Place, publisher, year, edition, pages
Uppsala: Uppsala University, Department of Surgical Sciences, 2013
National Category
Anesthesiology and Intensive Care
Identifiers
urn:nbn:se:uu:diva-204734 (URN)
Presentation
2013-08-27, Klassrummet, Inst f kir vet, Akademiska sjukhuset, ing 70, Uppsala, 14:00 (Swedish)
Supervisors
Available from: 2013-08-14 Created: 2013-08-09 Last updated: 2014-07-24Bibliographically approved
3. Cerebral perfusion during cardiopulmonary bypass with special reference to blood flow
Open this publication in new window or tab >>Cerebral perfusion during cardiopulmonary bypass with special reference to blood flow
2015 (English)Doctoral thesis, comprehensive summary (Other academic)
Abstract [en]

Cardiopulmonary bypass (CPB) is an important method that enables open heart surgery. There is a risk of neurological complications, and efforts to minimize those include optimization of the cerebral perfusion during CPB. This thesis focuses on such optimization of flow conditions in case of obstructed venous drainage, carotid stenosis and during selective antegrade cerebral perfusion (SACP).

In a pig model of impaired venous drainage from the superior vena cava (SVC), stepwise obstruction increased the central venous pressure (CVP) and caused impaired oxygenation. Cerebral micro-dialysis revealed ischemic responses in some but not all of the pigs.

Further experiments, using the same model, aimed to restore cerebral perfusion pressure (CPP) reduced by 75% superior venous obstruction. Both vasopressor treatment and increased venous drainage were effective in normalizing the CPP and improving the cerebral oxygenation. The intracranial pressure was elevated in the vasopressor group, but no signs of brain damage were observed.

The arterial flow during CPB can be altered between pulsatile and non-pulsatile profiles. Switching between these modes was performed during CPB in 20 patients with or without carotid stenosis. The effects on cerebral oxygenation and mean arterial pressure (MAP) were examined. The MAP was significantly lowered by pulsatile flow, but the flow profile did not affect the cerebral oxygenation. No differences were seen between patients with or without carotid stenosis.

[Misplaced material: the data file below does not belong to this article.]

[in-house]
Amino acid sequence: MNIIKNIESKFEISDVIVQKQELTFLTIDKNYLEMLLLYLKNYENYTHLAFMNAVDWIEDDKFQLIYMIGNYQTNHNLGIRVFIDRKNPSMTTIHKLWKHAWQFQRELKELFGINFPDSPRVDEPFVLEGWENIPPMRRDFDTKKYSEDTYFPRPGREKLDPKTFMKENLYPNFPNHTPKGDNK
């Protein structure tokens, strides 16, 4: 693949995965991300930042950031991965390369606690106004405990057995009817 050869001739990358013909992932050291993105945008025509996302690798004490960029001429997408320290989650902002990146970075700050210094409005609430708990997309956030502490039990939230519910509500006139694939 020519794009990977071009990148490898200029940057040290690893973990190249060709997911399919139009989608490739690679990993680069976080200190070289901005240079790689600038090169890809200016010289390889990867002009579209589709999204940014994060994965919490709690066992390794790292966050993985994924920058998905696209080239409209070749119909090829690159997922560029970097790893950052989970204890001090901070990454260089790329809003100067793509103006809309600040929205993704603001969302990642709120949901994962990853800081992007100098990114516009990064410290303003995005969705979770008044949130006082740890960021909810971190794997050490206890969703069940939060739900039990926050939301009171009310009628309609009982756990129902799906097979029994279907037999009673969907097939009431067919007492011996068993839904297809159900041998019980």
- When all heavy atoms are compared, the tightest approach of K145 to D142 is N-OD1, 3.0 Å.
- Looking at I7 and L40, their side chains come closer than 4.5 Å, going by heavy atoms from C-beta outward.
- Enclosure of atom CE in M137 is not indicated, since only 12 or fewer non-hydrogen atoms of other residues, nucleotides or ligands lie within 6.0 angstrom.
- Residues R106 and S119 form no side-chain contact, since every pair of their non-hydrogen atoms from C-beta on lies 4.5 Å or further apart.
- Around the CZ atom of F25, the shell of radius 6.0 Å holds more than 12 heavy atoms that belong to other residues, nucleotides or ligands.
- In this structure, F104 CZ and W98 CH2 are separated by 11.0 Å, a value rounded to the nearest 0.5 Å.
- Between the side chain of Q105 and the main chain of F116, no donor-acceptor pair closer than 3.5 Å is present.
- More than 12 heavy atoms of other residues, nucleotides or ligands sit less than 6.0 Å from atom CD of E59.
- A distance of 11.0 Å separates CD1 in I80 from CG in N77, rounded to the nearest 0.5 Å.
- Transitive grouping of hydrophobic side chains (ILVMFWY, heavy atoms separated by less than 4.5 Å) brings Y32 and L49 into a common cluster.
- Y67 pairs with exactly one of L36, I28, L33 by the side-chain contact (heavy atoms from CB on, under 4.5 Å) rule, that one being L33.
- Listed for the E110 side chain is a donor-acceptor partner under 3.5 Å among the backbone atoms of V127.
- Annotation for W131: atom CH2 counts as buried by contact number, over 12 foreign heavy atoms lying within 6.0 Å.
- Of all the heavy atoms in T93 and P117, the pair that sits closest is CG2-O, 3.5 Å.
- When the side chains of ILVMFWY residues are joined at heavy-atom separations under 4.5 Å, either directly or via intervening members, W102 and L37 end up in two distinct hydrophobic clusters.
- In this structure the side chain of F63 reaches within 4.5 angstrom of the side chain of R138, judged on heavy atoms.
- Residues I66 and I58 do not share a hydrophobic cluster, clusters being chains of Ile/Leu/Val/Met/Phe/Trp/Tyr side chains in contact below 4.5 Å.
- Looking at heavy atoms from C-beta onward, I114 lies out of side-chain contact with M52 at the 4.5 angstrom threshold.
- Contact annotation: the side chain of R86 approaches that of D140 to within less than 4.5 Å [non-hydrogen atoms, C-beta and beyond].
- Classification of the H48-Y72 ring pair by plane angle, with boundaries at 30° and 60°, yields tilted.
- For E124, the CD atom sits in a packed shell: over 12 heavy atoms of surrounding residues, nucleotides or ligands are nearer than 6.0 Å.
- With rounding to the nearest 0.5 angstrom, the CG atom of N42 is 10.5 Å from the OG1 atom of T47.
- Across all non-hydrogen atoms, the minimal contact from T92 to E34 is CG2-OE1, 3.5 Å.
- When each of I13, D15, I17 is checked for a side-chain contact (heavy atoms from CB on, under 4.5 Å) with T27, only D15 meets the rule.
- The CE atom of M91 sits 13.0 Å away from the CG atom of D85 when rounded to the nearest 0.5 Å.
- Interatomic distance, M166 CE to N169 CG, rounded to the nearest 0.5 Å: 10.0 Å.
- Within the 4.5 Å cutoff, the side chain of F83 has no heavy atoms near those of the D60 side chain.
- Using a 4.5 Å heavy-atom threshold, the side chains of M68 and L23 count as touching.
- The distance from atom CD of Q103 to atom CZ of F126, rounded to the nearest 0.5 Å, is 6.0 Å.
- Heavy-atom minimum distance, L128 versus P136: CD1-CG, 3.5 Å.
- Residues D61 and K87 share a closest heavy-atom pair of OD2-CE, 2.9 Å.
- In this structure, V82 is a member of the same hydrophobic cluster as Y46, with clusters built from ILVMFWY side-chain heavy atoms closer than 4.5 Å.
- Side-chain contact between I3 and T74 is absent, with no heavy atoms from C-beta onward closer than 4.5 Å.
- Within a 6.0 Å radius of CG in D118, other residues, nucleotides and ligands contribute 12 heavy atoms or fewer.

SACP is used to ensure the cerebral perfusion during deep hypothermic circulatory arrest (HCA). The cerebral blood flow (CBF) was examined using positron-emission tomography (PET) technique in 8 pigs divided into HCA and HCA+SACP groups. The CBF was downregulated by 70% to 0.10 ml/cm3/min by 20°C hypothermia. A pump flow of 6 ml/kg/min preserved the CBF level without signs of cerebral desaturation. The fluorodeoxyglucose (FDG) uptake after re-warming to 37°C was similar after SACP compared with HCA alone.

In conclusion, experimental SVC obstruction may impair the cerebral perfusion. Vasopressors can restore the CPP during SVC obstruction and improve cerebral oxygenation. In patients, pulsatile flow can lower the MAP in absence of effects on the cerebral oxygenation. During experimental HCA, SACP at 6 ml/kg/min can preserve the CBF at 0.10 ml/cm3/min.

Place, publisher, year, edition, pages
Uppsala: Acta Universitatis Upsaliensis, 2015. 61 p.
Series
Digital Comprehensive Summaries of Uppsala Dissertations from the Faculty of Medicine, ISSN 1651-6206 ; 1108
National Category
Anesthesiology and Intensive Care
Identifiers
urn:nbn:se:uu:diva-248686 (URN)978-91-554-9257-1 (ISBN)
Public defence
2015-06-11, Robergsalen, Ingång 40, 4 tr, Akademiska sjukhuset, Uppsala, 13:15 (Swedish)
Opponent
Supervisors
Available from: 2015-05-21 Created: 2015-04-07 Last updated: 2015-07-07Bibliographically approved

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Tovedal, ThomasJonsson, OveMyrdal, GunnarThelin, StefanLennmyr, Fredrik